Ask a dozen people why they chose to retire overseas and you'll get a dozen different answers.
Some will tell you they want to escape the "rat race" and live a more tranquil life. Others want to leave for political reasons. And for many, it's strictly financial. Your money simply stretches farther in many corners of the world outside the U.S. and Canada.
But setting up a business in a new country can be daunting.
Fortunately, there's an easier way to make some good money on the side.
One that can offer prestige, fun, open doors of opportunity, and give you a chance to make money at something most people consider a hobby.
One that doesn't require any special experience, you won't need a business partner or employees, and you can do it as easily from a condo in Quito or a villa in Tuscany as you can from your home turf in the U.S.
The best part? It involves something you probably already do: taking photographs.
Eighty per cent of the photos you see in magazines, newspapers, books, trade journals, technical manuals, and almost any published material are shot by freelancers. And gone are the days when companies only want to work with professional photographers to get them.
A stock agency can earn you as much as $1 an image per month (send them 800 images from your collection and you might expect $800 a month in passive commission), and glossy magazine photos can earn you anywhere from a couple hundred to $1,200 if you know what photo editors are after.
Plus, gallery owners, small businesses and coffee shops are always on the lookout for new artists to fill their walls with saleable photographs.
The demand is there, and this is easier than you might think.
You don't need to be a Parisian fashion photographer with a $5,000 camera, or a safari guide pro who's been published in National Geographic 17 times. You just need a simple camera and some training in the kinds of photos that sell best.
Here’s what you might expect to make in each of these markets:
- Magazines typically pay $50-$500 per photo and sometimes more for images they use on their cover.
- Websites typically pay $25-$250.
- Microstock agencies take a commission based on your sales and currently average photographers about $.25 to $1.00 per image per month with the photos you host there.
- Fine art photos sell for $400-$700 each (or more if you frame them).
- People photos often sell for $250.
- And coffee table books might earn you as much as $9,000 when you submit images in bulk around a certain city or theme.
Mary Hathaway of Deer Park, Washington, spent the last 23 years of her life being a housewife and homeschooling her children. But when her last child left the nest, she started pursuing her photography dreams in her new spare time at home. And with a little guidance, she immediately got accepted by four microstock agencies. Mary loves that she’s able to make money at home and enjoys the ease of it all. "I'm not the most computer literate person out there, so if I can do this, anyone can," she says.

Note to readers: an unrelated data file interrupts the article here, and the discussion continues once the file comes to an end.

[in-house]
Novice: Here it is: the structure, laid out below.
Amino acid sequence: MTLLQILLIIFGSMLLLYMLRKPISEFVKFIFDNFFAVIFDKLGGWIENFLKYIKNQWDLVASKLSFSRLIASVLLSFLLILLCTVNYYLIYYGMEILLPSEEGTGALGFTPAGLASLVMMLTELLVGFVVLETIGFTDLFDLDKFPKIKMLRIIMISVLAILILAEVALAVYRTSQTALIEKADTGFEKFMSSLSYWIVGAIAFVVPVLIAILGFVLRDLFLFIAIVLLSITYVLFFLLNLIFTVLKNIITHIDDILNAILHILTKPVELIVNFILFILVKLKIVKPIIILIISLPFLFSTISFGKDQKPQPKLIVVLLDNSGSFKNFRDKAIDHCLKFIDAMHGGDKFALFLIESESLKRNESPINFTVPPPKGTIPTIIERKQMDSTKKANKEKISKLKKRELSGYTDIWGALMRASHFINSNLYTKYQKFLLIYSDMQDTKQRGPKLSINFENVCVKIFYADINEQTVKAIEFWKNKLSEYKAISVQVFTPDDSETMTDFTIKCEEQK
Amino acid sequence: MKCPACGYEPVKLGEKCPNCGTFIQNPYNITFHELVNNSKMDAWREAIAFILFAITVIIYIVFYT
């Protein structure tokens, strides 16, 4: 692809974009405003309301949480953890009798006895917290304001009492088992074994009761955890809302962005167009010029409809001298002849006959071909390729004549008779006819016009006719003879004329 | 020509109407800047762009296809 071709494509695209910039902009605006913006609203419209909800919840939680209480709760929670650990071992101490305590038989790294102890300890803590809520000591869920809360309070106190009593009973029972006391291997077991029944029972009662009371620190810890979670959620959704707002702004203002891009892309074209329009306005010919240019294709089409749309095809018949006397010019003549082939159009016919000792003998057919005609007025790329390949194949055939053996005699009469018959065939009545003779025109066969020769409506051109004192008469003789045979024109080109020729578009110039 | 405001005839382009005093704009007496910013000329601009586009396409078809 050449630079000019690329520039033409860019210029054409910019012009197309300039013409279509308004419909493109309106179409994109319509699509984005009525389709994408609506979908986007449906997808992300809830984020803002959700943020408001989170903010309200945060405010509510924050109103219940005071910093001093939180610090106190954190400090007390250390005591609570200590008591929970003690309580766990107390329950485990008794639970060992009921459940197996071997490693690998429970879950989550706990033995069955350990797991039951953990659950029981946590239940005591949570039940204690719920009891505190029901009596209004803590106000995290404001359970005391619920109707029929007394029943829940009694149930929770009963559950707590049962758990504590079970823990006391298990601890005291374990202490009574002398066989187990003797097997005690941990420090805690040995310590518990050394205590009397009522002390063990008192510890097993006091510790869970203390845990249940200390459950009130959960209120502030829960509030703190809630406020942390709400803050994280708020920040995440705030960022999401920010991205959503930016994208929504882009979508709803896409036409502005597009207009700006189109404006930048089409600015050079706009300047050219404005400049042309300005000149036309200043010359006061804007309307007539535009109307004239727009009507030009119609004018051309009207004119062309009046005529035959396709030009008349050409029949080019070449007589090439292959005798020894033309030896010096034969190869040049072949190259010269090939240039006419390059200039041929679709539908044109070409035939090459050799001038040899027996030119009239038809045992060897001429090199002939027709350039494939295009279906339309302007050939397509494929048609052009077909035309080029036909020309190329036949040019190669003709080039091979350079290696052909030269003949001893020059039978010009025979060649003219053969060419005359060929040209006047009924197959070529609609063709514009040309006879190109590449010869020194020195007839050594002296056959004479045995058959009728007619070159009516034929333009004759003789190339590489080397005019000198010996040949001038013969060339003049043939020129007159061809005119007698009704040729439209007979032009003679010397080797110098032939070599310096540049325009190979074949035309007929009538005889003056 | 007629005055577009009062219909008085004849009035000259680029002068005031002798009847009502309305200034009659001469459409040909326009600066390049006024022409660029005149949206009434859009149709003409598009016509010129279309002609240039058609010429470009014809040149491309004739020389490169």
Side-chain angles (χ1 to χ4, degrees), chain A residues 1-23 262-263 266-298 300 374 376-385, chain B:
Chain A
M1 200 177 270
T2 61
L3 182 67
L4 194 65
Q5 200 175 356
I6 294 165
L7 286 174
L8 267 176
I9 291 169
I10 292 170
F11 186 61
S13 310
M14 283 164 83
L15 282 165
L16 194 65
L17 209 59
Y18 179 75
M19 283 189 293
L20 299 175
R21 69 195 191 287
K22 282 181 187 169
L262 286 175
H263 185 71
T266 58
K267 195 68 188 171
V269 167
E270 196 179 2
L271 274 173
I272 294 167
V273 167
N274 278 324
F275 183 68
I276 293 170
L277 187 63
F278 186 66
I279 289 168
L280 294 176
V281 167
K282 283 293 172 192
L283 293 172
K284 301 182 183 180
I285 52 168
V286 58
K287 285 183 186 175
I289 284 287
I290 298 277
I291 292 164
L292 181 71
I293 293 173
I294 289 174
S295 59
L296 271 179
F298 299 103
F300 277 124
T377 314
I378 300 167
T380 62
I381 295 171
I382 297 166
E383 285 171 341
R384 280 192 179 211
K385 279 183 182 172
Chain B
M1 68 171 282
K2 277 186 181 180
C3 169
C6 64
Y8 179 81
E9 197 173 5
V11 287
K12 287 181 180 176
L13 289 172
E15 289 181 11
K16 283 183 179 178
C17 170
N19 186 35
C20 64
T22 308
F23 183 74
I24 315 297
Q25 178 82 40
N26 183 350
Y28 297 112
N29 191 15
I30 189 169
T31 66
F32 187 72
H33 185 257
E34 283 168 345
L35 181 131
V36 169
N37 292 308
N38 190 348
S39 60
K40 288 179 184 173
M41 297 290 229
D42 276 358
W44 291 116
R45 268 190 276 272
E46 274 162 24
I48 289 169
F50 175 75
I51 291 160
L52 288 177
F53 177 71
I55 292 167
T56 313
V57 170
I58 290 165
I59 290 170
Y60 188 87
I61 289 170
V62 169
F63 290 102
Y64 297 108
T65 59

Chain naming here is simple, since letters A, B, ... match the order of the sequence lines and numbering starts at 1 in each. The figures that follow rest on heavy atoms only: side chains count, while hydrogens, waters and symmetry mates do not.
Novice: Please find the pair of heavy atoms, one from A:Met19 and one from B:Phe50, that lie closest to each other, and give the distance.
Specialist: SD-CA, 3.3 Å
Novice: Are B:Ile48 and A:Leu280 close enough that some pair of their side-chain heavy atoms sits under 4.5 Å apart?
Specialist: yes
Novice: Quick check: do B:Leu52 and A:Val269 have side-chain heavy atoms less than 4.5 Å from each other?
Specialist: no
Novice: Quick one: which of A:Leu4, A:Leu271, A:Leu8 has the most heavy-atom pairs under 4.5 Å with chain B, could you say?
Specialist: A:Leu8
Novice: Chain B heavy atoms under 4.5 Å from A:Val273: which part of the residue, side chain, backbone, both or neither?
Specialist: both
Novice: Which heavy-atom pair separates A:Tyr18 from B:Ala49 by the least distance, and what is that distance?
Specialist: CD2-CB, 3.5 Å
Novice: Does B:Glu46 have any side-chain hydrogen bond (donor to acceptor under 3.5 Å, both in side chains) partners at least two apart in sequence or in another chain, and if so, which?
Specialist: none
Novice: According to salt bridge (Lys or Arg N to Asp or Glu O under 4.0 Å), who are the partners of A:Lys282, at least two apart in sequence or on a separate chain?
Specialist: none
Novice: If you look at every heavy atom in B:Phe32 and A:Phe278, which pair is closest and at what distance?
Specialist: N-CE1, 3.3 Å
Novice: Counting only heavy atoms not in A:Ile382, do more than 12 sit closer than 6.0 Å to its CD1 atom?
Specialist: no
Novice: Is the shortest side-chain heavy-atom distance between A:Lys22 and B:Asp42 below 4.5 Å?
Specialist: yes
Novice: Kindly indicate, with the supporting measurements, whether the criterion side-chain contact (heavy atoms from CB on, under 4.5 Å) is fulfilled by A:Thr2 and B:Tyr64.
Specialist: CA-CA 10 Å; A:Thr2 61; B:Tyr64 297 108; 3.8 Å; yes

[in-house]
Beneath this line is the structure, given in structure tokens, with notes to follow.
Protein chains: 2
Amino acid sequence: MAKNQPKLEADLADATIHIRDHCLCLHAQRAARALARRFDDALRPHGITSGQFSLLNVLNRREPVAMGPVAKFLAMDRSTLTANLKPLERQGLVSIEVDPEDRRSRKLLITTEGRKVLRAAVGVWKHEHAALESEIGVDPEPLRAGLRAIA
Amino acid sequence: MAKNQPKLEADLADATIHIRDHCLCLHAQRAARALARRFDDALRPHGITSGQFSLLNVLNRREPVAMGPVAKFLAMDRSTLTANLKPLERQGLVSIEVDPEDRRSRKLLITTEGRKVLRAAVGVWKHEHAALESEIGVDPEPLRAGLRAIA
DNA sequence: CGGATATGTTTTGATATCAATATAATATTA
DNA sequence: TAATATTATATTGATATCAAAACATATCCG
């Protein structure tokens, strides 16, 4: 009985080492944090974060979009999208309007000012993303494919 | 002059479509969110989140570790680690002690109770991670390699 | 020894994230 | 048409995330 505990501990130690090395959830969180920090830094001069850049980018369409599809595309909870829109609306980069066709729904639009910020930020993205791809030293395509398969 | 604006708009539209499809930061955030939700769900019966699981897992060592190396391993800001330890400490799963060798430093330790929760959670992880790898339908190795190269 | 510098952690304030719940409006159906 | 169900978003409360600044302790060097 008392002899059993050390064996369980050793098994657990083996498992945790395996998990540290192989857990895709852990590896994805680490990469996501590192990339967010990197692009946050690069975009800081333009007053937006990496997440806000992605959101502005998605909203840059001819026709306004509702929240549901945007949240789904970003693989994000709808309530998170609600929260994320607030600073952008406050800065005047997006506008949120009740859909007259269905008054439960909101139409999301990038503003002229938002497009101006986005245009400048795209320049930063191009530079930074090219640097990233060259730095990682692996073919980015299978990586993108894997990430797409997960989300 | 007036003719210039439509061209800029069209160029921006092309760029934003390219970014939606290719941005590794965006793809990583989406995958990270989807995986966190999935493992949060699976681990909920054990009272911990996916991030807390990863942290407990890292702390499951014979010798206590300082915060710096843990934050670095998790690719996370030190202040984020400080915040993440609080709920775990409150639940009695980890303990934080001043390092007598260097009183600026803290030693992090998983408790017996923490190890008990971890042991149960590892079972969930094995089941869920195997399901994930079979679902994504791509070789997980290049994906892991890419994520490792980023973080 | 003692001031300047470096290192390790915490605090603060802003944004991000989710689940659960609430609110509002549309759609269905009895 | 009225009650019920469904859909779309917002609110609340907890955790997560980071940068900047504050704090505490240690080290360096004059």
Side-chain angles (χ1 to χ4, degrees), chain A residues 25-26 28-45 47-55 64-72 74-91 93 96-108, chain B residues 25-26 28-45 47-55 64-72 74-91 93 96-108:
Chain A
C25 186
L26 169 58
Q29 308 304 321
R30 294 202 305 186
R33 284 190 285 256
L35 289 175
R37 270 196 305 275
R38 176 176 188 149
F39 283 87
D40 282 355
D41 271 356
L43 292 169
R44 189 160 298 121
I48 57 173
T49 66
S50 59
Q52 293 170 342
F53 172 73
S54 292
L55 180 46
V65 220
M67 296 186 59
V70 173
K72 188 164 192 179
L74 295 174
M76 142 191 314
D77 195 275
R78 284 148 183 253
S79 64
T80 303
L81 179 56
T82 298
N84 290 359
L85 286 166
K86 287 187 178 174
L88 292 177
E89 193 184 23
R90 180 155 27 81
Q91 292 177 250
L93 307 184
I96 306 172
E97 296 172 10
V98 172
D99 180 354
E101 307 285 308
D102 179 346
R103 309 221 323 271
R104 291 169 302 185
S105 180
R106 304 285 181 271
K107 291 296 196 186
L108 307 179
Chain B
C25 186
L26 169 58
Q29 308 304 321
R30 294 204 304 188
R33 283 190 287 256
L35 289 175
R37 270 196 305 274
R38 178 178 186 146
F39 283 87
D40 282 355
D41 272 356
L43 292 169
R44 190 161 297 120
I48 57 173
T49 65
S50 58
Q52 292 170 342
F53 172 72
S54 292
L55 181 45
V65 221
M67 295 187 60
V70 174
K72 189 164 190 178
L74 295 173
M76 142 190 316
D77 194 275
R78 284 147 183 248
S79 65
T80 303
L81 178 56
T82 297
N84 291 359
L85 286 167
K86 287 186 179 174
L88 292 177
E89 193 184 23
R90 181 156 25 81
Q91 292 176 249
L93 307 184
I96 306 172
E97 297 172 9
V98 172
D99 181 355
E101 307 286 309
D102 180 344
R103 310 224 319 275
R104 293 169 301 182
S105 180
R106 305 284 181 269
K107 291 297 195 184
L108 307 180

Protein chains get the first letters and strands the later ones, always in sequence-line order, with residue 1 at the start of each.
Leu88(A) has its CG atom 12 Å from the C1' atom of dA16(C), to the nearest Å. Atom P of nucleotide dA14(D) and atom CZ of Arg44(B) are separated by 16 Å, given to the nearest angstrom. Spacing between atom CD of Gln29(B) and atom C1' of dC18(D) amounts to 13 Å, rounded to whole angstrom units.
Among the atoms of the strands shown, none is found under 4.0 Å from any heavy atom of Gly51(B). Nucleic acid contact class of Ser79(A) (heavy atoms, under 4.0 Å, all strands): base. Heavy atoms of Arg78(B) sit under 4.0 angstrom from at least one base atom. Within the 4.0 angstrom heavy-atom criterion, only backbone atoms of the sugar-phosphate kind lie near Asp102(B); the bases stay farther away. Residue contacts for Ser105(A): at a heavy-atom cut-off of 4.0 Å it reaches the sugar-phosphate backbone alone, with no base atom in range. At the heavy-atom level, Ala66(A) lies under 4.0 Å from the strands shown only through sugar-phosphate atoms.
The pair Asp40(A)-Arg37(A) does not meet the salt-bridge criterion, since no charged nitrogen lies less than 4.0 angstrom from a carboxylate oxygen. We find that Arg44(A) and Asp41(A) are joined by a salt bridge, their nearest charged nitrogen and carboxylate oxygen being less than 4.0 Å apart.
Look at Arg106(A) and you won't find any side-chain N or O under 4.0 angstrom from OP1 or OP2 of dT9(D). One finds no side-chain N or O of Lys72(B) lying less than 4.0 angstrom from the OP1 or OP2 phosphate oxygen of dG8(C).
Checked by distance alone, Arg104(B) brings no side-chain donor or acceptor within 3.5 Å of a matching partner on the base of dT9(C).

Lucy Brown loves the flexibility, too, and that she can do it from anywhere in the world. She said, "Although I'm only just breaking into the industry, I've never been happier, working on my own schedule and earning money doing what I love. My income doesn't support me yet, but it certainly helps toward paying for some of my trips and it makes living in Guatemala (or anywhere!) and traveling a much more enjoyable and fulfilling experience."
As Director at Great Escape Publishing, one of the questions I often hear is, "What do I photograph?"
If you're in a new location overseas, travel photography is a good place to start, of course. But it goes beyond the typical beach scenes, cathedrals, or local landmarks.
Travel writer Roy Stevenson of Seattle, Washington, and his wife, Linda who takes all the photographs when they travel, often focus on food, beer, and wine. "Part of the excitement of a new destination is exploring the wide array of foods and restaurants," says Roy. "Why not take pictures along the way as you eat your way through a new city?"
And you can do this wherever you live: You don't have to leave home to take interesting photographs. Helen Murray lives in the tiny historic town of Silverton, Australia, population: 45. "I started looking at this little town in a way no one else had. I have sold four fine art photos and dozens of smaller photos presented purely for the tourist trade. I can't keep up with them."
The fact is, no matter where you are, there are endless possibilities for photography subjects. You're only limited by your creativity!
Lori Allen is a Director at Great Escape Publishing, an EscapeArtist partner. Subscribers, watch your inbox for information from Great Escape about how to generate part-time income from photography.
Click here to continue reading Part 2 of "The Perfect Part-Time Income for Your New Life Overseas," and learn about the many benefits of this venture besides income. Plus, learn the three primary markets that will pay for your photographs.